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Below is a family biography from the book, History of Kentucky, Edition 8a by J. H. Battle, W. H. Perrin and G. C. Kniffin and published by F. A. Battey Publishing Company in 1888.  These biographies are valuable for genealogy research in discovering missing ancestors or filling in the details of a family tree. Family biographies often include far more information than can be found in a census record or obituary.  Details will vary with each biography but will often include the date and place of birth, parent names including mothers' maiden name, name of wife including maiden name, her parents' names, name of children (including spouses if married), former places of residence, occupation details, military service, church and social organization affiliations, and more.  There are often ancestry details included that cannot be found in any other type of genealogical record.

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REV. STUART ROBINSON, D. D., was a native of the North of Ireland, and was born at Strauane, County Tyrone, about 1812. His parents, James and Martha (Porter) Robinson, were poor. They emigrated to America while their son was yet small, and located at Martinsburg, Virginia. Here the strong will, quick wit, and rugged clear headedness of the boy attracted the attention of Rev. James M. Brown, a Presbyterian clergyman, who gave him a good private school education, and started him to teaching at one of the neighboring salt works. His education was completed at Amherst, Mass., where he graduated in 1834. Among his college mates were several who afterward achieved distinction, and who like him have passed to their reward in the hereafter; notable of these were Rev. Benjamin M. Palmer, D. D., of New Orleans; Rev. Henry P. Humphrey, D. D., of Louisville, and Rev. Henry Ward Beecher. Having studied for the Presbyterian ministry (Old School) he preached for some years at Maiden, near Charleston. In 1846, when his old college mate, Dr. Humphrey, was compelled by ill health to relinquish his pulpit, the Second Presbyterian Church in Louisville, it was filled by Mr. Robinson, and so acceptably that the same congregation, years after, when there was a vacancy, unanimously chose him as their pastor. From 1846 to 1854 he was pastor at Frankfort, Ky., and during that period found time to act as president of a female seminary, president of a cotton factory, president of a turnpike road company, and director of the Farmer’s Bank of Kentucky, with its seven branches and $2,200,000 capital. In 1854 he was called to the pastoral care of the Central Presbyterian Church of Baltimore, Md. With a large and growing congregation he yet found time to originate and edit, for two years, 1855-56, the Presbyterian Critic, a very able monthly, strongly controversial in character. In May, 1856, the Presbyterian General Assembly elected him professor of church government and pastoral theology in the Theological Seminary, at Danville, Ky., which he filled for two years with distinguished ability. His next call was to the pulpit of the Second Presbyterian Church of Louisville, which he held to the time of his death, October 5, 1881. In 1858 he wrote “The Church of God as an Essential Element of the Gospel, and the Idea, Structure and Function thereof,” a 12-mo. volume of great power and labor, which in a few months called for a second edition, much enlarged. He afterwards wrote several other smaller works, but his last and greatest work was “Discourses of Redemption.” In 1861 he began, at Louisville, the publication of a weekly newspaper, The True Presbyterian, which was twice suppressed by the military in July, 1862, and in November, 1864, not because of any political utterances, but because of its pronounced opinions on religious and church topics which were distasteful to some who sank their views of independent church government and personal action in the maelstrom of subserviency to the military spirit of the hour. In 1863 he went to Toronto, Canada, where he remained until 1866. The publication of his newspaper was resumed in 1865, by his co-editor, as the Free Christians Commonwealth” which he aided in editing from a “a far country.” In May, 1869, at the session of the General Assembly of the Presbyterian Church (South), at Mobile, Ala., he was elected moderator, unanimously, a compliment as distinguished as it is rare. In 1873, in a series of lectures to his congregation, he delivered a commentary on the book of Genesis, both striking and exhaustive. They were published weekly in the Courier-Journal. In the summer of 1873 Doctor Robinson visited Europe, Egypt and Palestine; and in the winter following lectured upon his travels to crowded houses, always for the benefit of some worthy object — never for private reward. In 1877 he attended the Pau-Presbyterian Convention, in Edinburgh, Scotland, and was one of the most observed of that assembly of great and Christian minds, and one of the strongest of the American representatives to that body. The secret of Dr. Robinson’s power was his directness, simplicity, scripturalness and intense conviction of truth. Of course these traits were united with genius, learning and great industry. He married, in September, 1841, Miss Mary E. Brigham, a daughter of Col. Wm. Brigham, a native of Massachusetts, who survived him. Eight children were born of this marriage, only two of whom, daughters, are living.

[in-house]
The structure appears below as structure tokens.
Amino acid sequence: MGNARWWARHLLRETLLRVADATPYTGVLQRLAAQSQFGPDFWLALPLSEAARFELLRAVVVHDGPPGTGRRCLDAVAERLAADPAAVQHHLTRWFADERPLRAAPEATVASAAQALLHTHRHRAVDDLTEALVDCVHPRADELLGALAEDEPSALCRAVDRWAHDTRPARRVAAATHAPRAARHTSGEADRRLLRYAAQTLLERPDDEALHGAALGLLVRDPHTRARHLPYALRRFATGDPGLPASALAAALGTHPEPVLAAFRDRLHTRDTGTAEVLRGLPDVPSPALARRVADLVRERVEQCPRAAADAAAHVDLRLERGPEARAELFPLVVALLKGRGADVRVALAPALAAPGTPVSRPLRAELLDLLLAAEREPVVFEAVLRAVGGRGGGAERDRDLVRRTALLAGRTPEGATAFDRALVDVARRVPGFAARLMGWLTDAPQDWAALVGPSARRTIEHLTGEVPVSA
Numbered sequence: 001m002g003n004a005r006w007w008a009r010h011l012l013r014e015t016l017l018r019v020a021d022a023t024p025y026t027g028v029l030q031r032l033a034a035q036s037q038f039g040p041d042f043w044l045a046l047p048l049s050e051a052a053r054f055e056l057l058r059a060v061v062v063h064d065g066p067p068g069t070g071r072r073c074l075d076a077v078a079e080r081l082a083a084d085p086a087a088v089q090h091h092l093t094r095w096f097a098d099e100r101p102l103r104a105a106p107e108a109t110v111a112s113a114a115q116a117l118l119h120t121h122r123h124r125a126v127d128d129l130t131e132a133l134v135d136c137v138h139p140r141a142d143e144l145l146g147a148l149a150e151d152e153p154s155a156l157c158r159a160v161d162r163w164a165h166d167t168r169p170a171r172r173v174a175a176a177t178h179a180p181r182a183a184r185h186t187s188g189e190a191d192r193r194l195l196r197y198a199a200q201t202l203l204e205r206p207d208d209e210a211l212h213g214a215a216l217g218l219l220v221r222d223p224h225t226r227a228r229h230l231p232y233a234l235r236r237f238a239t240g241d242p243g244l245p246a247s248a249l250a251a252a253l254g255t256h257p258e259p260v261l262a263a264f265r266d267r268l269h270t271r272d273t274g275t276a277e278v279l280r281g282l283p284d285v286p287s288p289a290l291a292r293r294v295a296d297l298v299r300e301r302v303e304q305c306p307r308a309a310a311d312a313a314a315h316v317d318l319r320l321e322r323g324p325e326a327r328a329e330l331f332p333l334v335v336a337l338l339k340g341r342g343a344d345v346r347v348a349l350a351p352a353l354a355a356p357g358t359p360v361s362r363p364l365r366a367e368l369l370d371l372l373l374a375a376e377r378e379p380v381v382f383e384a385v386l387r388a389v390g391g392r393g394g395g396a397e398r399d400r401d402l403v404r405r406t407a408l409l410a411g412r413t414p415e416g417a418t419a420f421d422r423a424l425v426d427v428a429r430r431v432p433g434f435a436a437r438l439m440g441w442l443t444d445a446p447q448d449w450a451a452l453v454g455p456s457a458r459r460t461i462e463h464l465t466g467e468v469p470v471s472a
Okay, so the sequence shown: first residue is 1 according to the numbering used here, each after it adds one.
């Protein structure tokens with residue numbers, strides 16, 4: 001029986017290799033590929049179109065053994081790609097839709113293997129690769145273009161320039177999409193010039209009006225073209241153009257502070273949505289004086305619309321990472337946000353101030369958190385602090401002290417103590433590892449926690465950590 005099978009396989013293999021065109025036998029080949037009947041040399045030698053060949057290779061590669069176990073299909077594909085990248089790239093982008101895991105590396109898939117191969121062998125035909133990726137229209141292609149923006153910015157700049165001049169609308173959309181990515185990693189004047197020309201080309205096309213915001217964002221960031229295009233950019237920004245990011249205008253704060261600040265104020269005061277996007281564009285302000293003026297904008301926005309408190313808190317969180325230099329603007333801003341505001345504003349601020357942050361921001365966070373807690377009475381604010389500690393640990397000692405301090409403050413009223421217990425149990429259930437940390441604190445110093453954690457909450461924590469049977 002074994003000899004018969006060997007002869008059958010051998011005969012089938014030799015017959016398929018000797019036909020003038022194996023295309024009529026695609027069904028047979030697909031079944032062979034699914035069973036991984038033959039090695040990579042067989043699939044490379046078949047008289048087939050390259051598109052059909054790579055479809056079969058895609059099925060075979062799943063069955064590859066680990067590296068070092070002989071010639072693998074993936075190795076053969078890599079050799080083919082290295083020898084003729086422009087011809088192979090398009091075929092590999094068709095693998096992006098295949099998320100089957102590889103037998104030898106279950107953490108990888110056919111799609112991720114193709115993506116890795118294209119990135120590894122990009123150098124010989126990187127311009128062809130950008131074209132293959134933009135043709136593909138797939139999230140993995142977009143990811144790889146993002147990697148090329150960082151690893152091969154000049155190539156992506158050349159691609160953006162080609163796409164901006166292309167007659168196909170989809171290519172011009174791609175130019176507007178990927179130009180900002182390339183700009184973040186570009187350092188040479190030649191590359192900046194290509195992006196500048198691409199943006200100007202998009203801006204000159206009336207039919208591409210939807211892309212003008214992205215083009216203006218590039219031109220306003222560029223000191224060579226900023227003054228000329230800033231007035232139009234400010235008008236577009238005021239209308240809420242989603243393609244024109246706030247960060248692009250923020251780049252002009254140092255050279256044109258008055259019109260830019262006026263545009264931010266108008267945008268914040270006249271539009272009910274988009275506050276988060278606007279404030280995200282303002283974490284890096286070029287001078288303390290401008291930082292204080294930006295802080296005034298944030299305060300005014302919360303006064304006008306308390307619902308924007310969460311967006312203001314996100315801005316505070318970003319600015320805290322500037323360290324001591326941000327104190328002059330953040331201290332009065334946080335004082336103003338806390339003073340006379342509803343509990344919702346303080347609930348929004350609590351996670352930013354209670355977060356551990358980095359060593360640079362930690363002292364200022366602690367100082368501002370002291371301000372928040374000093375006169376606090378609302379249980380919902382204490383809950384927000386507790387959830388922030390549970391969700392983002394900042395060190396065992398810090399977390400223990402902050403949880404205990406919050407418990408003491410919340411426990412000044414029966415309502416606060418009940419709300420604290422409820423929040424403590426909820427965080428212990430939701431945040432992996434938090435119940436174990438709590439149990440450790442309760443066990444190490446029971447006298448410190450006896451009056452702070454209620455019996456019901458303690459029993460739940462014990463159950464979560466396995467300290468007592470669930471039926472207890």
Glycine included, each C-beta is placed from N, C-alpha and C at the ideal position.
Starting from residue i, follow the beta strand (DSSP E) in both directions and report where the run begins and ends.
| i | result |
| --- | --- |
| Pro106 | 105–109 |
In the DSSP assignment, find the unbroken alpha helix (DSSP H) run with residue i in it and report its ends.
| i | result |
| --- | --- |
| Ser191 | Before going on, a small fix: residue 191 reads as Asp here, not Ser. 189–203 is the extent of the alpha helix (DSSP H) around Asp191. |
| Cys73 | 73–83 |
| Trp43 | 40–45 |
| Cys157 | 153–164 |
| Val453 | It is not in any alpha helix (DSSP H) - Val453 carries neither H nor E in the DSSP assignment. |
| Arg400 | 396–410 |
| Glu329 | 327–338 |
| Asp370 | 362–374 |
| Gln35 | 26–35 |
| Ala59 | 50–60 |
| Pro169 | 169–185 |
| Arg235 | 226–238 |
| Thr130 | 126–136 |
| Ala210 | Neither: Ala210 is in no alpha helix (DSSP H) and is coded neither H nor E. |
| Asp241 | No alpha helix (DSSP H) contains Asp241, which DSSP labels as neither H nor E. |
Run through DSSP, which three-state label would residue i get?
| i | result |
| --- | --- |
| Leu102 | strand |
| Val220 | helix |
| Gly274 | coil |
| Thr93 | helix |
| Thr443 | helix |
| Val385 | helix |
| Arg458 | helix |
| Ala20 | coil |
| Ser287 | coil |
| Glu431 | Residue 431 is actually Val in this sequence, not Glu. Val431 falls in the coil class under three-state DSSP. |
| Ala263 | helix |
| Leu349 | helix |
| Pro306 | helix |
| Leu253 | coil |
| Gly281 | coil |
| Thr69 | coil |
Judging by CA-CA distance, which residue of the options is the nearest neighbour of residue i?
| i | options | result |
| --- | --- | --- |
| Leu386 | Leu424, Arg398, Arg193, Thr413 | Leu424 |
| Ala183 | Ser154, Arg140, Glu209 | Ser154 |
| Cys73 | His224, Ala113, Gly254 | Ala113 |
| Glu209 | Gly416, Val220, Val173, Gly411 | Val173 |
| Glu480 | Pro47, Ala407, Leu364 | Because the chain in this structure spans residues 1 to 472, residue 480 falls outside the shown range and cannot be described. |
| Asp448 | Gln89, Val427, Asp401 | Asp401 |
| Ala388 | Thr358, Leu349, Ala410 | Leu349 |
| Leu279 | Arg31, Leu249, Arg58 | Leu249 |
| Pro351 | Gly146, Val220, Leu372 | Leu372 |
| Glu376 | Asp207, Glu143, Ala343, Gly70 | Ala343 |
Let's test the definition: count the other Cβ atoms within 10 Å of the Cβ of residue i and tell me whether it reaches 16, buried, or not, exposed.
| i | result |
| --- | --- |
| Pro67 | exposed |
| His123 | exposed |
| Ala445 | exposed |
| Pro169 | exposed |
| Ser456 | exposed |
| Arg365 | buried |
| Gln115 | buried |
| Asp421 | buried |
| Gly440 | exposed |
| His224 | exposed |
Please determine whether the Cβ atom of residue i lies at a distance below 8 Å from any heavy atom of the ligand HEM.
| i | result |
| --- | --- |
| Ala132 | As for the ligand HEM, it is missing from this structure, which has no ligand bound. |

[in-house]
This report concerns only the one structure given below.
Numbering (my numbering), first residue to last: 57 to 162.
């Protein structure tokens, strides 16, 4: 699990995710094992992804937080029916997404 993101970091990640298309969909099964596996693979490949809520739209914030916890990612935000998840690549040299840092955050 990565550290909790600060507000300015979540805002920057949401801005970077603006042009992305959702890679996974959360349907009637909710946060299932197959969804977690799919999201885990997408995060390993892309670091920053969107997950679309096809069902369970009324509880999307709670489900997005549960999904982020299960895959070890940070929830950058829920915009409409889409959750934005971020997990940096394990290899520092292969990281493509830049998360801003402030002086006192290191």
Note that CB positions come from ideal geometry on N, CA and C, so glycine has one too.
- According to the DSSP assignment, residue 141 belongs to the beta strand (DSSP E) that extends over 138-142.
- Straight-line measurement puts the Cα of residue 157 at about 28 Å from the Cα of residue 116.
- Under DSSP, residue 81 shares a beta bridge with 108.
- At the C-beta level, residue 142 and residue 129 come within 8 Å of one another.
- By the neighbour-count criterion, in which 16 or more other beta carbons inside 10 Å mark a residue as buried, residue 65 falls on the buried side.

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This family biography is one of 195 biographies included in the Jefferson County, Kentucky section of the book, The History of Kentucky, Edition 8a published in 1888 by F. A. Battey Publishing Company.  For the complete description, click here: History of Kentucky, Edition 8a

View additional Jefferson County, Kentucky family biographies here: Jefferson County, Kentucky Biographies

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